Ending conflict-related violence against women and girls

Orange illustrated figures of men and women moving forwards. The leader is holding a sign that says push forward to end violence against women and girls and another figure in the group is holding a sign that says #16Days

Ending conflict-related violence against women and girls

Addressing conflict-related violence against women and girls requires intersectional gender and conflict analysis to tackle harmful gender norms, patriarchal culture, and structural inequalities between women and men that predate conflict.

Addressing conflict-related violence against women and girls (CRVAWG) is critical in healing deep physical and psychological harm caused by violent conflicts and wars. It is a matter of rights and justice. It is also a necessity to build peaceful, resilient, and healthy societies which can grow and thrive. Democracy support organisations, like WFD, can contribute to the post-conflict recovery processes by helping to set up legislative, policy, and budgetary frameworks, and enabling dialogues and amplifying the voices, experience, needs, and leadership of women’s and girls, among other things. This institutional support needs to serve and complement efforts of those working directly with survivors of sexualised and gendered war-related crimes and atrocities.

Multiple studies highlight the immediate and long-term devastating costs and impact of conflict-related violence on women, girls, and their communities. Their findings include:

  • The impact of conflict-related violence exceeds war times by decades.
  • Violence has a long term and devastating impact on survivors, communities, and nations. It drives economic deprivation, destroys social fabrics, and hinders political inclusion, peace and stability.
  • Ending the fighting stops some types of violence while increasing others, especially intimate and domestic violence that continues for years.
  • Depending on the type of conflict, violence can be committed by state and non-state actors, military and para-military groups, in public and private spheres of live, by strangers and familiar individuals and groups.
  • Prevention should be part of all responses to avoid harm and violence in the first place.   

Seizing global momentum to end conflict-related sexual and gendered violence

International events, such as the Preventing Sexual Violence in Conflict Initiative (PSVI) Conference in London from 28 to 29 November 2022 show that the need to address conflict-related sexual violence (CRSV), such as rape, sex slavery, and forced marriages, pregnancies or sterilisation, has gained momentum and the international community is determined to end it. Shortly after the UK government-hosted conference, the report from the global study on repatriations for survivors of conflict-related sexual violence will be published. While ending and preventing sexual violence is critically important, other types of conflict-related gendered and sexualised violence, harm and harassment need to be also tackled. Although sometimes hidden and less apparent, shaming, nudity, forced separation of children from parents, control of reproductive rights, extrajudicial killing, and intimate, domestic, and community violence, are equally destructive and conflict driven.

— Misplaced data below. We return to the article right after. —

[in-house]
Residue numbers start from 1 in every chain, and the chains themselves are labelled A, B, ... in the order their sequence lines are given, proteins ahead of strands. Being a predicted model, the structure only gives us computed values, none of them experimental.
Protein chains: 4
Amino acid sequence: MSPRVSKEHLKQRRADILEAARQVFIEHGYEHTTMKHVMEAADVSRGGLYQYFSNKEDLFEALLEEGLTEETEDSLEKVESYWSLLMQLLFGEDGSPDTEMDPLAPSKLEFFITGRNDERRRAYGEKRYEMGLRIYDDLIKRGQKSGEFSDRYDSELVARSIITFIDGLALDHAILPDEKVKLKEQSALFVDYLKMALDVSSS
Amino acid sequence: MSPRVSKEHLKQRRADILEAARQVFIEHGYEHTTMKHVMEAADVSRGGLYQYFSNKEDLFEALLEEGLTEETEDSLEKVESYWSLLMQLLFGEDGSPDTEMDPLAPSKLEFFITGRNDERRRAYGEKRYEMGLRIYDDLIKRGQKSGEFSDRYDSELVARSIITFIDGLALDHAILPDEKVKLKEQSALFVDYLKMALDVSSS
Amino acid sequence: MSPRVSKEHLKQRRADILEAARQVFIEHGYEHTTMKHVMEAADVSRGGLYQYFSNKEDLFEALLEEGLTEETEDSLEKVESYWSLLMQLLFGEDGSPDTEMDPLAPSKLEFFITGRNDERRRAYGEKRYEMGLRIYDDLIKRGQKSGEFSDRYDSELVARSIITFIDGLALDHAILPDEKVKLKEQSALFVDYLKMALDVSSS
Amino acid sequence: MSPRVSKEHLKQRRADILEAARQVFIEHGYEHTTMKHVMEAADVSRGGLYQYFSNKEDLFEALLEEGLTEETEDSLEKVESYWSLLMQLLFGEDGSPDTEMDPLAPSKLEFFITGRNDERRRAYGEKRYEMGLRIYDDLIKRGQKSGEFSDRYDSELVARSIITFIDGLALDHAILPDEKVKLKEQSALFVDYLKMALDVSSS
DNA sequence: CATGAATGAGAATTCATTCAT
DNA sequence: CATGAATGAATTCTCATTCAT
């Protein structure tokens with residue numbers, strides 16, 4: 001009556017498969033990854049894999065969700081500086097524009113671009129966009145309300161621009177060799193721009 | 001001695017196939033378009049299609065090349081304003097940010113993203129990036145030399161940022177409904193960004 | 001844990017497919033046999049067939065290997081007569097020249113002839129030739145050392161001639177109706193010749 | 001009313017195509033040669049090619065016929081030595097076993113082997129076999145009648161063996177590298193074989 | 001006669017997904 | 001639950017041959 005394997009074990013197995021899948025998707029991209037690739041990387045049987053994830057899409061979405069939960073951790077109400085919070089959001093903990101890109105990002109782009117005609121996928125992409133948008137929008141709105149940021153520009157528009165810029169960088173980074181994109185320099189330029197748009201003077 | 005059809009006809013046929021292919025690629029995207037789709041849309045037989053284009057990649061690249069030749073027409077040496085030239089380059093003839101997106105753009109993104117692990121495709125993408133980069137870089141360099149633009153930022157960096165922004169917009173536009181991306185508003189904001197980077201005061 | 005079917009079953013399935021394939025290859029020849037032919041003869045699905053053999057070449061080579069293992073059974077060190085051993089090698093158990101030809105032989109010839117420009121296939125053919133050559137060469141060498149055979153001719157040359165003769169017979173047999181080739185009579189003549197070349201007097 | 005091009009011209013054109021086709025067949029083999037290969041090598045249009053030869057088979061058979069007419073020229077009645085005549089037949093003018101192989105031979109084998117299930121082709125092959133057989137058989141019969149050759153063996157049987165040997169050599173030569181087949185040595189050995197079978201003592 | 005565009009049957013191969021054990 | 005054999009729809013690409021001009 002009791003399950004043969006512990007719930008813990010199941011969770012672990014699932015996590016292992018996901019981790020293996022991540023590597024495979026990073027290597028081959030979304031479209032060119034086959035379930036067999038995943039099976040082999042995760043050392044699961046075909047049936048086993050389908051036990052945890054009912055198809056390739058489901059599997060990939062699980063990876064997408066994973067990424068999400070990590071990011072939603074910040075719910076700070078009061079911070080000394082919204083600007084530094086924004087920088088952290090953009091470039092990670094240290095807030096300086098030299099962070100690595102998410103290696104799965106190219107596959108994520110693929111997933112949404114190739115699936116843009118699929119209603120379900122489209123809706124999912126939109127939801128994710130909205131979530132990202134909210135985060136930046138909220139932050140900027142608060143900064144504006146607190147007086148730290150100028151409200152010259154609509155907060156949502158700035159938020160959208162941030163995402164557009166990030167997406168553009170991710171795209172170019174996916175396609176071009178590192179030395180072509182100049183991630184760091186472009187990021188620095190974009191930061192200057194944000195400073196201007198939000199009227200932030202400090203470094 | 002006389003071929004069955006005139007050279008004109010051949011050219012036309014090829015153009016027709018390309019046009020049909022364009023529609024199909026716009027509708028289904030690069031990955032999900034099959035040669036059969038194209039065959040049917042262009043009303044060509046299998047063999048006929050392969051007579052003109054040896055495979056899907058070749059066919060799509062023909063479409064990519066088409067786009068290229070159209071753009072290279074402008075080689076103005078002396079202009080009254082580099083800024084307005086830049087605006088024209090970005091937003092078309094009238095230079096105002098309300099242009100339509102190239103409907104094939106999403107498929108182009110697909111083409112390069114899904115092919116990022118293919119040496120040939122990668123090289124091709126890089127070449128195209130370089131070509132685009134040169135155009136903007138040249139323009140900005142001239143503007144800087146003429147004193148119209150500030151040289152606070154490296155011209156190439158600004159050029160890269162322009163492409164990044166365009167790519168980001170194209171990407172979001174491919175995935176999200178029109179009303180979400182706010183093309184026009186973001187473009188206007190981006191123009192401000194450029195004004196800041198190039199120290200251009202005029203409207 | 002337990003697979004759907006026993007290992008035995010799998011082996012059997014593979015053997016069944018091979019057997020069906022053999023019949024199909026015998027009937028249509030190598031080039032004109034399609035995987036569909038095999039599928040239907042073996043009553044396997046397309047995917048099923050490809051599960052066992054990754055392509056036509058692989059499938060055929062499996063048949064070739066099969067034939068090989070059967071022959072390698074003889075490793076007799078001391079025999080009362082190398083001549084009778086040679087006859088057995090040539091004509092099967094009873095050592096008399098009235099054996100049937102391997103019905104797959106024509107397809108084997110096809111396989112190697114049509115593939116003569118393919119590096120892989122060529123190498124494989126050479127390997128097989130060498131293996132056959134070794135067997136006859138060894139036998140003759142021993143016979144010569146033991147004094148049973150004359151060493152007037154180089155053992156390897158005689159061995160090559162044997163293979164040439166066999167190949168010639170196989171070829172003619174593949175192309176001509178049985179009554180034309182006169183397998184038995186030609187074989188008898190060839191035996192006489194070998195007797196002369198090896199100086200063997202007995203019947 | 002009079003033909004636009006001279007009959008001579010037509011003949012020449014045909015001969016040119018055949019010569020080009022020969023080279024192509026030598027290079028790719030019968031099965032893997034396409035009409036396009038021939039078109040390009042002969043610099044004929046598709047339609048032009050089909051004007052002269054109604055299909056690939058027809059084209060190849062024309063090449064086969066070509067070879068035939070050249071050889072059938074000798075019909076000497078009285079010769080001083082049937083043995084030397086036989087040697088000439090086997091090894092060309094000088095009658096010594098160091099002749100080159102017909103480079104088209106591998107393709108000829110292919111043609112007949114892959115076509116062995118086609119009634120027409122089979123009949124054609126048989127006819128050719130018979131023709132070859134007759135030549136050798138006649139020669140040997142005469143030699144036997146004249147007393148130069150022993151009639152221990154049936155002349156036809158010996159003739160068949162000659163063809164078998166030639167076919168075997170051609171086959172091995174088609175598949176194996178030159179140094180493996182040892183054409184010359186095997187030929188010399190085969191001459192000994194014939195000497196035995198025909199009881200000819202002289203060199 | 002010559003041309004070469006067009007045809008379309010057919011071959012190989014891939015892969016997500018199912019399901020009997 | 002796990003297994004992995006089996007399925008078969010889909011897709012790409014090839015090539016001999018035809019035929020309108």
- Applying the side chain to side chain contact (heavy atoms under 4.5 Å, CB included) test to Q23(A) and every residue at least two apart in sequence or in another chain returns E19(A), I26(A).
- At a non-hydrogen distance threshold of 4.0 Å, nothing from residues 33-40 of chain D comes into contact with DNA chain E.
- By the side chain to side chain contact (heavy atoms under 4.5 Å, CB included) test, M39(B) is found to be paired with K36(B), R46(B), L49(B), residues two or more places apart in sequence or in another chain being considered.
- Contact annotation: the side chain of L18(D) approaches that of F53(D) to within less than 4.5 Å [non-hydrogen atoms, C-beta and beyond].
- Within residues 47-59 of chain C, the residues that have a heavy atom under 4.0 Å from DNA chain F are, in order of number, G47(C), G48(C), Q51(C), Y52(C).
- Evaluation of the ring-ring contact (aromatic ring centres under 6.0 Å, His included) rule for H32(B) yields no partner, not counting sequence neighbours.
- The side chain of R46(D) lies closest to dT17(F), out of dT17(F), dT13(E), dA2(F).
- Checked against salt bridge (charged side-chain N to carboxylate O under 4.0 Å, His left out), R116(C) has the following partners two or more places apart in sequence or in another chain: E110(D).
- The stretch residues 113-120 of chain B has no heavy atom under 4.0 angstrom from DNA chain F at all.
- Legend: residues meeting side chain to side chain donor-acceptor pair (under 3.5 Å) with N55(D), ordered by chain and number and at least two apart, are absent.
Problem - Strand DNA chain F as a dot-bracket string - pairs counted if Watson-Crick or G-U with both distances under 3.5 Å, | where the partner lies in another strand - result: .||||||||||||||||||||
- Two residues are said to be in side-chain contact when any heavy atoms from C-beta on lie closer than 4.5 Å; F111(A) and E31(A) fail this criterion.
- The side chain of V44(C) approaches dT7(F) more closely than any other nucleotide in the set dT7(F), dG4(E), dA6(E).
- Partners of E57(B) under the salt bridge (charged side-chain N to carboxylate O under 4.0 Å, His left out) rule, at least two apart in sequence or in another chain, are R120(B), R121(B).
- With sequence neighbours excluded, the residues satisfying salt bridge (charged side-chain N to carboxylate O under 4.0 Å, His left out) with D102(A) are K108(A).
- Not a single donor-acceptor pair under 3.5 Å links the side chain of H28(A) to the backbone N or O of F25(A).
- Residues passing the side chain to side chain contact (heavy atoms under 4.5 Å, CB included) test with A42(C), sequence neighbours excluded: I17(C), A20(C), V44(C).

Transforming gendered power in societies for long-term solutions

Addressing conflict-related violence against women and girls requires immediate responses and long-term solutions. It necessitates intersectional gender and conflict analysis to tackle harmful gender norms, patriarchal culture, and structural inequalities between women and men that predate conflict. These are key drivers of a wide array of gendered and sexualised crimes and atrocities, that conflicts build on and further exacerbate. As evidenced by Aisling Swaine they are used “to sustain men’s power in micro and macro scale’ and to ‘control women’s lives and bodies”. It also requires developing solutions in line with the Women, Peace and Security agenda that aims to prevent conflicts, protect those at risk, support survivors, enable women’s leadership and gender analysis, and ensure access to recovery and relief to women and girls.

To aid these efforts, WFD has developed a Framework for Engaging in Fragile and Conflict-Affected contexts to achieve transformational change through our programmes and operations in conflict and post-conflict settings. The Framework provides a set of practical approaches for navigating these  complex political spaces so our programmes are deliberately more peace and conflict-responsive. It illustrates how women’s horizontal inclusion is critical for sustaining peace and how political exclusion of women and other groups inhibits long-term stability. It also discusses how to avoid legitimising or restoring pre-war gender discriminatory practices and norms while implementing programmes related to CRVAWG.

I am looking forward to discussions during the PSVI conference on how specifically WFD can contribute to and work with others to address both immediate and long-term consequences of conflict-related violence against women and girls, and other groups, while simultaneously contributing to addressing key structural inequalities. The evidence indicates that any opportunity needs to be taken to prevent a return to the pre-war status quo in terms of gender relations as this would mean a missed opportunity to bring about equality and inclusion in the society. These are critical factors to enable sustainable peace and justice, and prevent future conflicts and violence. Concerted efforts can take us closer to ending preventable conflict-related violence. I hope the PSVI conference will take us another step forward.